The old man reminded her of her own father who was seriously afflicted by Alzheimer's. She was taken care of until recently. But when the disease worsened, she couldn’t manage him anymore. In consultation with her brother who was in the US, they admitted their dad into a specialized home for such patients. She would visit him once or twice a week. She would talk to him about her daily chores, her daughter, her husband, and at times about her brother in the US. He would hardly recognize any of her talks. On rare occasions, he would smile. But the doctors doubted if the smile had anything to do with his understanding.

She ordered some tea and passed the cup to the old man. The old man smiled at her and waved his hand as if giving his blessing to her. Then mother and daughter left in her two-wheeler.

The old man looked at them leave. He took a sip of tea and felt some energy returning to him. He slowly ate the bun savoring each and every bite followed by a sip of tea. He closed his eyes once he finished eating. He too remembered his daughter now. His granddaughter must have been of similar age as the girl who gave him the bun. His memory was clouded and he could not think clearly about them. He slept due to exhaustion instantly. That night he passed away.

A constable arrived at the scene when telephoned by a passerby. He was shocked when he discovered he knew the person to be the social worker who started a school for orphans in the locality. He is the one who studied in the school. His eyes were flooded with tears and he arranged for the body to be taken to the mortuary. He dialed his classmate who was now a journalist and narrated the incident and asked him to write an obituary. The journalist put out a touching obituary in the paper.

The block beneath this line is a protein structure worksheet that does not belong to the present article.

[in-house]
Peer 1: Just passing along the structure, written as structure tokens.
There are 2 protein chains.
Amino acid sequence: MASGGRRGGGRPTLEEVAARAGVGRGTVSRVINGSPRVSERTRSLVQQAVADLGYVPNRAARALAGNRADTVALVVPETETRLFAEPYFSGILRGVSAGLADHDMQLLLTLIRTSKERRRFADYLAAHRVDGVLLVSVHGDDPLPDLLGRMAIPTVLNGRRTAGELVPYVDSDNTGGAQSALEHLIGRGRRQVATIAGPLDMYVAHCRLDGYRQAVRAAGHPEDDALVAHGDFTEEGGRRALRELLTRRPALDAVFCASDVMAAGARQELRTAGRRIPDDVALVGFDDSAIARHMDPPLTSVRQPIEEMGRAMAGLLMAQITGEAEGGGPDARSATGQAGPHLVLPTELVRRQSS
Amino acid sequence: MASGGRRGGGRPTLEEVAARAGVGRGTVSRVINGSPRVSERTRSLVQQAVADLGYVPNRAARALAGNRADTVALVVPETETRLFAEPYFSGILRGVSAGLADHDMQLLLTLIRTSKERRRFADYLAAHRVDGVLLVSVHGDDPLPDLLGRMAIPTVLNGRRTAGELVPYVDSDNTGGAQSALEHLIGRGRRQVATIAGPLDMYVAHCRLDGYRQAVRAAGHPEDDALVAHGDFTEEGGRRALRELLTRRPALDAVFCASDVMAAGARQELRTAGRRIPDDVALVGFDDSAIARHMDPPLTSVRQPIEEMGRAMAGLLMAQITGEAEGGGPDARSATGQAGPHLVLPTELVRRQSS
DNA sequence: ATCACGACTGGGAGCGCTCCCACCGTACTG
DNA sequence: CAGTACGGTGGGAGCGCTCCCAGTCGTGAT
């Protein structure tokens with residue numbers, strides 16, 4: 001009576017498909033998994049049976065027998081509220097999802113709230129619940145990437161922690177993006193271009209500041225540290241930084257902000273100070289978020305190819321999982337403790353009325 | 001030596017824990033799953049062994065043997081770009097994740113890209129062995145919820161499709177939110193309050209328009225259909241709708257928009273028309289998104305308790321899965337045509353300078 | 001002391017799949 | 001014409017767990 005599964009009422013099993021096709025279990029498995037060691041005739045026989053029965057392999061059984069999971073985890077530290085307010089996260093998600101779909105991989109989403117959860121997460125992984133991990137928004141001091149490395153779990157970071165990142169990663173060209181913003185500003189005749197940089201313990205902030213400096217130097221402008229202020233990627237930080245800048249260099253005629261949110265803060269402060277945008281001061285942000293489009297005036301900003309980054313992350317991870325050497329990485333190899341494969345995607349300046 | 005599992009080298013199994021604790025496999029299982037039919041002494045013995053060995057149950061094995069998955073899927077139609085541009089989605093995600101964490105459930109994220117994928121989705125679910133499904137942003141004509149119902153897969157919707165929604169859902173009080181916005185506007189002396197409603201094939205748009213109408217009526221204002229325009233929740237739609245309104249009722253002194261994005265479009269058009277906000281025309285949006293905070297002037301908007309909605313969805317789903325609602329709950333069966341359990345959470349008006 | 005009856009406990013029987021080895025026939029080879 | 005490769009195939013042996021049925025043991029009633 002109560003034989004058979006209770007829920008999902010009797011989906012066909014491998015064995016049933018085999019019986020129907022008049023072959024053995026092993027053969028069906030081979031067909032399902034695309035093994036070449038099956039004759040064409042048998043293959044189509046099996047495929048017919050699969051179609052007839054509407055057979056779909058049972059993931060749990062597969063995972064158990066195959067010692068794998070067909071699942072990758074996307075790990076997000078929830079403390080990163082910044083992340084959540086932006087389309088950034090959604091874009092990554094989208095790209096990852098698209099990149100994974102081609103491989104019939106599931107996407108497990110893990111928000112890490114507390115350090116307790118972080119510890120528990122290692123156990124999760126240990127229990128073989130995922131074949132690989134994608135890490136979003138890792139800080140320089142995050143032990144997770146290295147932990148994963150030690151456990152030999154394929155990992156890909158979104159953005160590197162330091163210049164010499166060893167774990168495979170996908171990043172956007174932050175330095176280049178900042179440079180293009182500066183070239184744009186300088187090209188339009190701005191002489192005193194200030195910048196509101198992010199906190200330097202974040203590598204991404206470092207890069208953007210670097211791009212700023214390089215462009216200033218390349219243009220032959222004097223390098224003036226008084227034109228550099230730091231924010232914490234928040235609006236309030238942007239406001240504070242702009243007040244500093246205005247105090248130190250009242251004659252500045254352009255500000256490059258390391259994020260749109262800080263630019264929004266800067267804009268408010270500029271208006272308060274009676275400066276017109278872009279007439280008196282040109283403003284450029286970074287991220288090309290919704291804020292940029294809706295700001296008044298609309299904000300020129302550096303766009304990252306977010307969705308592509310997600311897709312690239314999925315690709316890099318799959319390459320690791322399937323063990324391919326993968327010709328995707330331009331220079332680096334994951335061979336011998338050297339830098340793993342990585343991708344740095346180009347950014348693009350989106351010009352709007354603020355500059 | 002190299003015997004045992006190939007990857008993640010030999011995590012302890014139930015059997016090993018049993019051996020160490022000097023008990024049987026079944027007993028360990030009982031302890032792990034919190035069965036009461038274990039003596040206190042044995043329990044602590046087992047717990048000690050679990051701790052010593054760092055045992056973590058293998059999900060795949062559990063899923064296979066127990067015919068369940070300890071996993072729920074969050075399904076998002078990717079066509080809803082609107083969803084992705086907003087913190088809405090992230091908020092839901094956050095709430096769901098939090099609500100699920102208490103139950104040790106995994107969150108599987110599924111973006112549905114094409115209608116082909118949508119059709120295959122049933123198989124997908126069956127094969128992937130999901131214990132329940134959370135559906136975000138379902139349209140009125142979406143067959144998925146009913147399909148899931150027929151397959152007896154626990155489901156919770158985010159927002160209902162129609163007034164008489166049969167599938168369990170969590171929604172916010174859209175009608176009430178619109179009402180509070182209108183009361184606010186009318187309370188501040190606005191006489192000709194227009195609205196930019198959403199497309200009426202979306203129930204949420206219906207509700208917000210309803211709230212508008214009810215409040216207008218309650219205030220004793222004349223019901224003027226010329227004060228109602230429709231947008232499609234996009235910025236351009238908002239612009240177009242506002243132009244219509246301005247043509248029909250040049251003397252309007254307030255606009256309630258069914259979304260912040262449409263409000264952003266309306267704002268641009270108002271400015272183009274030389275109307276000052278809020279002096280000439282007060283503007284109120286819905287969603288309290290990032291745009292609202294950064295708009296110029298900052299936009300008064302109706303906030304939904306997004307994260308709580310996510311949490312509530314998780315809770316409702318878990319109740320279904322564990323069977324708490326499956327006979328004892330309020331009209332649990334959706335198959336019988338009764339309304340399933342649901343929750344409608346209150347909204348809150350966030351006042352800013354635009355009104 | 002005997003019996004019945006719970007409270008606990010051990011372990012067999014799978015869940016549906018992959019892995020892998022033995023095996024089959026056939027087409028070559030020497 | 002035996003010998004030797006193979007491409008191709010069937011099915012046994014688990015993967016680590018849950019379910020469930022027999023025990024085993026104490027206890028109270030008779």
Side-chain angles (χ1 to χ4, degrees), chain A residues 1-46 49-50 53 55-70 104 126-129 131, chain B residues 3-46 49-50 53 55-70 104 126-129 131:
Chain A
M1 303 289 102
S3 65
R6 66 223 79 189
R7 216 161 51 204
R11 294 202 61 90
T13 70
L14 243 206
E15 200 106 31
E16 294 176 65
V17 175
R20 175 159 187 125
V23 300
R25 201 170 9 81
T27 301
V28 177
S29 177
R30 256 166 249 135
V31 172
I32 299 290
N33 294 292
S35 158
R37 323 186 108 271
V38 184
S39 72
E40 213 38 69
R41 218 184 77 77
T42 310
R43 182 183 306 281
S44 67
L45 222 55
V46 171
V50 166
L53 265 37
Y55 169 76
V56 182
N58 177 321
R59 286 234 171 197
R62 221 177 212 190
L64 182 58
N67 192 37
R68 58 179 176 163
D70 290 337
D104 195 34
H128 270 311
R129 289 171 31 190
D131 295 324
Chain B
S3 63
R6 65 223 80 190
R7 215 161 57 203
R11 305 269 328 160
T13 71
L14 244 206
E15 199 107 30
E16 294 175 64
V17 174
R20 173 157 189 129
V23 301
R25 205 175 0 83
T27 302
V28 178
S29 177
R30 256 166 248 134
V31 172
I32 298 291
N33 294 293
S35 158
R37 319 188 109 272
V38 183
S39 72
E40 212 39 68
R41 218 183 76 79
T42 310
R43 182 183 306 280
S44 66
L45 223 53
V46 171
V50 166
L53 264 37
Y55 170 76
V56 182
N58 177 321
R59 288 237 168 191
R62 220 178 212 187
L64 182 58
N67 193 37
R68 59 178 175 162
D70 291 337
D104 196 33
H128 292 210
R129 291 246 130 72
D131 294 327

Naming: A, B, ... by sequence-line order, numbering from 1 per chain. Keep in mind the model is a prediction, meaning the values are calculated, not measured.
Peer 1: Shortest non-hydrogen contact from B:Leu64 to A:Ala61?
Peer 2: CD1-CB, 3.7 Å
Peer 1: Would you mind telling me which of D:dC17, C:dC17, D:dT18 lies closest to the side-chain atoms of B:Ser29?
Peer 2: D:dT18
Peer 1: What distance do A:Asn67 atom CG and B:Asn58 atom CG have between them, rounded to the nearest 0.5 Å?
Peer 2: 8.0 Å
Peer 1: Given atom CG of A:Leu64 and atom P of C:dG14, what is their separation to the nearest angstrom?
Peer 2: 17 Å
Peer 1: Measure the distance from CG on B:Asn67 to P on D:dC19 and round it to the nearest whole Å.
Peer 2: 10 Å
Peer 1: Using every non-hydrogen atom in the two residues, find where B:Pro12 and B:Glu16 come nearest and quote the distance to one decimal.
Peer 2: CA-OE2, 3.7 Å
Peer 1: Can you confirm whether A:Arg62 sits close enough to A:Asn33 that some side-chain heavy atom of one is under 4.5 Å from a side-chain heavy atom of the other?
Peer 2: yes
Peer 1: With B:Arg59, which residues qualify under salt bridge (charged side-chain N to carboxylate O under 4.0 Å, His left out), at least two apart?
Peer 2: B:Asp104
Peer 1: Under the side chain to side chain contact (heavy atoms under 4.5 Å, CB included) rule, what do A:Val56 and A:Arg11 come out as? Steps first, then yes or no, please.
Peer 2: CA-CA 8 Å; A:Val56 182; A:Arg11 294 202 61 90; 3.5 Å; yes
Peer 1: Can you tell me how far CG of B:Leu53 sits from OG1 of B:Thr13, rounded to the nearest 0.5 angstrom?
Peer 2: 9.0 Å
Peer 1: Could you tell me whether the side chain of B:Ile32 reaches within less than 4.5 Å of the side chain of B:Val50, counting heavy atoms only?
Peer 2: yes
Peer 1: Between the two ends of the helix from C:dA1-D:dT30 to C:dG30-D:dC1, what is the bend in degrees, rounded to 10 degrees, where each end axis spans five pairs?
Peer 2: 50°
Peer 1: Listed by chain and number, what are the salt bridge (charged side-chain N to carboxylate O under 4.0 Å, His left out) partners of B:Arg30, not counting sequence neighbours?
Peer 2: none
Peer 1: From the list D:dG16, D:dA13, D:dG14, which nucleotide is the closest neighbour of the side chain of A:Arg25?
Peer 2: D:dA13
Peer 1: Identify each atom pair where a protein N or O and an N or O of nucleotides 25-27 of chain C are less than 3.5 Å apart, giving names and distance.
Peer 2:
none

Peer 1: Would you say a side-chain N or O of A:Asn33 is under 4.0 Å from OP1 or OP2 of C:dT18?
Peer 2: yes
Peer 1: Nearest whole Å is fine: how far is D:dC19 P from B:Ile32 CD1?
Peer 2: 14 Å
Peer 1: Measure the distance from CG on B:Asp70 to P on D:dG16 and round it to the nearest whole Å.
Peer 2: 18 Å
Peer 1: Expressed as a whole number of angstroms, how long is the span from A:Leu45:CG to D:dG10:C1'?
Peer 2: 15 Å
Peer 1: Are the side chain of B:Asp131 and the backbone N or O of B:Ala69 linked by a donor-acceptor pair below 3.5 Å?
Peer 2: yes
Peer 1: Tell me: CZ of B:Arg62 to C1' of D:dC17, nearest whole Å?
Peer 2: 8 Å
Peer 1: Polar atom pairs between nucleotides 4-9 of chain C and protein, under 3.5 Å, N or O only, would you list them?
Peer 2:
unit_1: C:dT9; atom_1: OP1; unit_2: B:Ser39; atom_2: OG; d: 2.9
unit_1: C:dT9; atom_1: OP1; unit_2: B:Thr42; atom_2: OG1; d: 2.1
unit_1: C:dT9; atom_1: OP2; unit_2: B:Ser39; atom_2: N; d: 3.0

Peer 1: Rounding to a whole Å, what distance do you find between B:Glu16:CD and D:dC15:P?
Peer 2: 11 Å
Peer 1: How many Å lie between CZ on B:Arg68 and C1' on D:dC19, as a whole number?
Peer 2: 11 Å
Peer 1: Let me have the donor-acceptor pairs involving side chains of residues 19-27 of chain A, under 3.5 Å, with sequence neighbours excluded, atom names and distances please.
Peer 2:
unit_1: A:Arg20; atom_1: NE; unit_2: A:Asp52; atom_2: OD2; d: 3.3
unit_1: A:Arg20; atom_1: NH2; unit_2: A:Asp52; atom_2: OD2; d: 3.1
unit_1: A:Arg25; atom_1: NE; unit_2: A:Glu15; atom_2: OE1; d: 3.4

When his daughter read the obituary, she started wailing. Her husband took pity on her and said she can go to the condolence meeting. But for her husband and in-laws, she would have continued taking care of her father.

The obituary described how against all odds the social worker had started the school for orphans. However, the site was found to be an encroached one as the real estate agent had cheated the social worker. The school got demolished and the social worker went into depression. His daughter’s marriage made him financially broke further and the incessant demand by the daughter’s in-laws compounded the problem. How he finally died as destitute. But in the fitness of things his ex-students had decided to give him a decent burial and a condolence meeting has been organized.

There was a decent gathering. People who had gathered were gnawed by guilt for they had long forgotten the old man’s plight. To make amends they decided to institute a student scholarship in his name and promised to raise some funds. The old man’s son-in-law overcame guilt and remorse and promised his wife not to harass her anymore. He told his parents as well. At least by his death, the old man could assure some peace and well-being for his daughter.